Dating is a funny thing.
Dating is awkward as it is, but it’s even more awkward when you’re sober. I used to drown my discomfort in a glass of wine, telling stories my date couldn’t follow, but since moving to Boston in 2016, I’ve barely dated at all.
Well, compared to when I lived in New York City, that is.
Sure, I’ve met people in various ways- traveling back from NYC on the Megabus, substitute teaching, through recovery circles, and on an app here and there. Each interaction lasted for a very short while, most likely because I detected their bullshit and realized I was something much different than what they created in their mind.
This morning I noticed that The Fix quoted me in their recent article, “Are You Ready To Date Sober?” Ironically, I’ve been thinking about that question a lot lately.
My default answer the past year or so has been “I’m not interested in dating anyone at all.” That’s actually not true, though. I would be interested in dating someone- but only if they were interested in a sober vegetarian cat person.
I’m done with pretending I am someone I am not.
I’m also done with changing for someone, switching my views, or doing things I’m uncomfortable with doing- and I’m certainly not going to pick up a drink just to make you feel more comfortable.
Part of recovery is learning to love and accept yourself for who you are- loving yourself for what your heart says, not the world around you. Despite being someone who prefers to stay in on a Friday night, sautéing up vegetables while drinking a seltzer, I’m confident there’s a lid to every pot…
I just might not be ready for mine yet.
You know that feeling in the pit of your stomach when you first meet someone?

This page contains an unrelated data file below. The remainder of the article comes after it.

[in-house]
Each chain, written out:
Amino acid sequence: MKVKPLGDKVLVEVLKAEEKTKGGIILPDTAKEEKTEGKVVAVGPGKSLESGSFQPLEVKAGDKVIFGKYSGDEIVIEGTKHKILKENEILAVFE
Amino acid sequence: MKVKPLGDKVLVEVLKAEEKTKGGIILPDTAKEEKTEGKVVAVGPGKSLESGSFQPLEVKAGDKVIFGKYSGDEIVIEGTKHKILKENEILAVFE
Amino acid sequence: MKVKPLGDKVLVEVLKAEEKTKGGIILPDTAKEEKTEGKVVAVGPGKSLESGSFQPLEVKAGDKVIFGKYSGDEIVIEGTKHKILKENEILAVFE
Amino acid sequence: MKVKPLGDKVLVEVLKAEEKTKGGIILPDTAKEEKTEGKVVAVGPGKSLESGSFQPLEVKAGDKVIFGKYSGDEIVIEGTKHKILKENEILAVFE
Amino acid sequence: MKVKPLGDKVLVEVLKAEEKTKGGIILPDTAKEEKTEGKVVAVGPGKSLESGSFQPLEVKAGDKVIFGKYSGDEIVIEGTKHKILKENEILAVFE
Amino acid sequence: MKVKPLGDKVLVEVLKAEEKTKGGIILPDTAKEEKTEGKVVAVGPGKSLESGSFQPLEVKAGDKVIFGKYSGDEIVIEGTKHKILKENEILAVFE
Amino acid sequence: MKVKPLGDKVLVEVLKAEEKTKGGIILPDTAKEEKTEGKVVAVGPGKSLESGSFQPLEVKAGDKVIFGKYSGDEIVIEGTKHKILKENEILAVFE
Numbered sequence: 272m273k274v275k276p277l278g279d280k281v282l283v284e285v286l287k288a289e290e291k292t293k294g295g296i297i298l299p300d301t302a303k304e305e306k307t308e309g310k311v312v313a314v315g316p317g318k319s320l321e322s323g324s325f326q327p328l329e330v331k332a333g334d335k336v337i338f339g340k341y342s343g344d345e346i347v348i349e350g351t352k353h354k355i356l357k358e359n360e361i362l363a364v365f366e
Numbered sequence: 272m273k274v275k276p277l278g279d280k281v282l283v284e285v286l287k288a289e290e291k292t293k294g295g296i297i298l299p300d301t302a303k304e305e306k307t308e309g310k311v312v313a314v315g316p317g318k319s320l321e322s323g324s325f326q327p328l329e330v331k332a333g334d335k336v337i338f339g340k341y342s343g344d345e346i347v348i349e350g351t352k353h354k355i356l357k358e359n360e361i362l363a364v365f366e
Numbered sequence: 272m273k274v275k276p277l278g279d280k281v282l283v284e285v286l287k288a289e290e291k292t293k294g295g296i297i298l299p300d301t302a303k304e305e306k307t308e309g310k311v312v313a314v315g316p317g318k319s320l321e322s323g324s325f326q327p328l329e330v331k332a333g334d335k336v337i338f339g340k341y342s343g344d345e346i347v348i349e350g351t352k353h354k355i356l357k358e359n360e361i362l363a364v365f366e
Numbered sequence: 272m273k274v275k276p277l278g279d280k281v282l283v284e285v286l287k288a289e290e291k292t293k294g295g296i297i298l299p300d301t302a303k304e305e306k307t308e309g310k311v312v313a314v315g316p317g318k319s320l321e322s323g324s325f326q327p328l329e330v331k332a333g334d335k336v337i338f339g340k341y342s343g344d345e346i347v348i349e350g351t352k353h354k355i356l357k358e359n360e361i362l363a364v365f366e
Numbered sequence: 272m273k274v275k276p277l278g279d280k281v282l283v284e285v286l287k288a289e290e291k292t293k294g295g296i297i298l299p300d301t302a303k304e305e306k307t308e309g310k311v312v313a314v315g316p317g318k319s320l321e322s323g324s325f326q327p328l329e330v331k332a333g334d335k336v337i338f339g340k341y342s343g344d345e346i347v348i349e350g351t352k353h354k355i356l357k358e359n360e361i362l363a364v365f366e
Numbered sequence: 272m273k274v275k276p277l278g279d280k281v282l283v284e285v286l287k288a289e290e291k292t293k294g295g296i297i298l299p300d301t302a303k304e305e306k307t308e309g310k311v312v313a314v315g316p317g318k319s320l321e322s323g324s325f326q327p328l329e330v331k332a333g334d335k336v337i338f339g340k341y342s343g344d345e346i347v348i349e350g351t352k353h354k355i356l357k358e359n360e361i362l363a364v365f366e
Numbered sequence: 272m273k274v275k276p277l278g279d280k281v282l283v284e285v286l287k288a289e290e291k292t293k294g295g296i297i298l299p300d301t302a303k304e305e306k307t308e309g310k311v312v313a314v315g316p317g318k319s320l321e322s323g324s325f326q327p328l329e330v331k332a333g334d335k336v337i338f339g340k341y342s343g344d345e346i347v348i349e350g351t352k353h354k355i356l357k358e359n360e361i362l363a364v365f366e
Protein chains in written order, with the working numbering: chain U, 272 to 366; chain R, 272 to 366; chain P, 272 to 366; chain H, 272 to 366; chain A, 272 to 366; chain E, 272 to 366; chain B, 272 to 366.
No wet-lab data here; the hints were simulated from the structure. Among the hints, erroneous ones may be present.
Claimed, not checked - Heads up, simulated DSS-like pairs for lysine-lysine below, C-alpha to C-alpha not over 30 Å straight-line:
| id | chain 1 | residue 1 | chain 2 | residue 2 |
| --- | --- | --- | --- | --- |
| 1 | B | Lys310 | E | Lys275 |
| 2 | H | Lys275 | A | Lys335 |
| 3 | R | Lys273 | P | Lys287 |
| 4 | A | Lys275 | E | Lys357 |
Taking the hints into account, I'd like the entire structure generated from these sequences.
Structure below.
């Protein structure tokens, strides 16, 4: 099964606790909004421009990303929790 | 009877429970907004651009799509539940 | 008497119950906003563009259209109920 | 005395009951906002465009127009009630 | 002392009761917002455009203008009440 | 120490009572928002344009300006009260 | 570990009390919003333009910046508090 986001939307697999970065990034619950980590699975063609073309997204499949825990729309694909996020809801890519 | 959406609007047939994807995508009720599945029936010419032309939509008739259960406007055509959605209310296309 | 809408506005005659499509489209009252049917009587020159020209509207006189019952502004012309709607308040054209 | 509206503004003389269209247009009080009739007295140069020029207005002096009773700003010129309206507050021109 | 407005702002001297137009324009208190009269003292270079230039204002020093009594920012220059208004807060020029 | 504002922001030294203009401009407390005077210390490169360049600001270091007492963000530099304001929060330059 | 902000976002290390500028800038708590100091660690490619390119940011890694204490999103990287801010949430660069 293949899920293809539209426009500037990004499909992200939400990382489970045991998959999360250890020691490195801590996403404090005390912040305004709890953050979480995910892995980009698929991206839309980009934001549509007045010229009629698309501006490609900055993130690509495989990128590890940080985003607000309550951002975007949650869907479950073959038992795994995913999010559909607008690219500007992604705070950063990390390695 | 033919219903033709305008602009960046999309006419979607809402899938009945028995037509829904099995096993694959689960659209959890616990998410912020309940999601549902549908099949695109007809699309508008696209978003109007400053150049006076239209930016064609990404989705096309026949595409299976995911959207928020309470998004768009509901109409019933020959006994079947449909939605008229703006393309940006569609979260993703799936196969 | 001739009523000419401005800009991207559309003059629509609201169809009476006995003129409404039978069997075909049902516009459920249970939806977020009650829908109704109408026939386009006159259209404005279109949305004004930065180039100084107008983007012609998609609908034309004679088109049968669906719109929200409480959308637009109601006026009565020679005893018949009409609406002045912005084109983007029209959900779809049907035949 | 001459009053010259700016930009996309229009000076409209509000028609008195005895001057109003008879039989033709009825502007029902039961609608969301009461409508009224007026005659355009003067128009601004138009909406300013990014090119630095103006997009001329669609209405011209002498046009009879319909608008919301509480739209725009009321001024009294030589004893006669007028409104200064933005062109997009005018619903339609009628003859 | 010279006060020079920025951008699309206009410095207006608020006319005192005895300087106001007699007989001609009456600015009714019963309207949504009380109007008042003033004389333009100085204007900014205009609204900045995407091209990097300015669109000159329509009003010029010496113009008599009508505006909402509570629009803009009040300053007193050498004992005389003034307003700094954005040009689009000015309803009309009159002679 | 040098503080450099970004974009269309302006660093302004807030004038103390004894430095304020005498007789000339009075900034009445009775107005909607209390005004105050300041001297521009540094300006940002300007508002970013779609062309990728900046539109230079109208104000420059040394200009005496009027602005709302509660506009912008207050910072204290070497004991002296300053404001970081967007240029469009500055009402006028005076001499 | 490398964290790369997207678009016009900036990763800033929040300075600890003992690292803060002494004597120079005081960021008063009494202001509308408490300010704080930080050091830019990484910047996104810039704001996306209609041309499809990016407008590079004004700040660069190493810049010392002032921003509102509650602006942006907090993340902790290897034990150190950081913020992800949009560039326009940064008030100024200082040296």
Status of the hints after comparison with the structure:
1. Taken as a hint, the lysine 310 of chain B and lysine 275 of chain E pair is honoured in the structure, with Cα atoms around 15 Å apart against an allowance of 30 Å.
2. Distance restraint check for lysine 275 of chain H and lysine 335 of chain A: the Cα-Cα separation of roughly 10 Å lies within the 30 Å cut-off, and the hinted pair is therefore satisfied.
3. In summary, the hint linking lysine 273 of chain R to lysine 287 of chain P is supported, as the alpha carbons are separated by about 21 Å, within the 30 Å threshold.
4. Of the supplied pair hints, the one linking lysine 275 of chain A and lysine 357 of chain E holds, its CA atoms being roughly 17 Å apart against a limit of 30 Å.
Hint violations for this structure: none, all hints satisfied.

That little sign that says, “stay away,” or even, “he seems a little douchey?”
I try not to generalize or stereotype (keyword: try), so I often used to ignore that gut feeling.
I give the poor chap the benefit of the doubt, despite his obvious attempts at overselling himself. Over the past 15 years or so I’ve seen the same patterns, over and over, and as soon as I do, I shake my head and think “damn it, Kristin, you already had this one pinned.”
Within the first few exchanges, if a man suggests going on vacation with you, talks about your future, wants to introduce you to his family, or takes you somewhere elaborate, run. Fun fast.
Listen to your intuition.
It won’t oversell itself to you.
Today I picked out a pearl-embellished little black dress to wear to work. It’s Friday, which calls for a little pizzazz.
Even a gal who doesn’t “party” anymore can enjoy a flouncy dress to ring in the weekend, right?
Of course she can.
I strolled through Cambridge, Dunkin Donuts in hand and my Karen Walker shades on. I felt fantastic, with a Holly Golightly energy about me.
Dressing up gives me life!
I hopped onto the bus in Harvard Square and headed into the office. Listening to a song that I envisioned as the soundtrack to my glamorous morning commute, I closed my eyes and felt grateful for this summer day.
I hopped off the bus and walked into my office. As I sat at my desk, a coworker walked by and said hello.
“You look nice today,” he remarked.
“Thank you,” I replied.
“I say this because it’s casual Friday,” he continued. “You don’t have to dress up.”
“I know.” I smiled. Dressing up makes me happy.”
Although it’s Friday and I could have worn jeans, life is about the moments- especially the small ones- that bring you joy. Slow down and smell the flowers, spritz on that special perfume, and splurge on a delicious lunch.
Here’s to Casual Friday- and doing what gives your own workday a little pizzazz.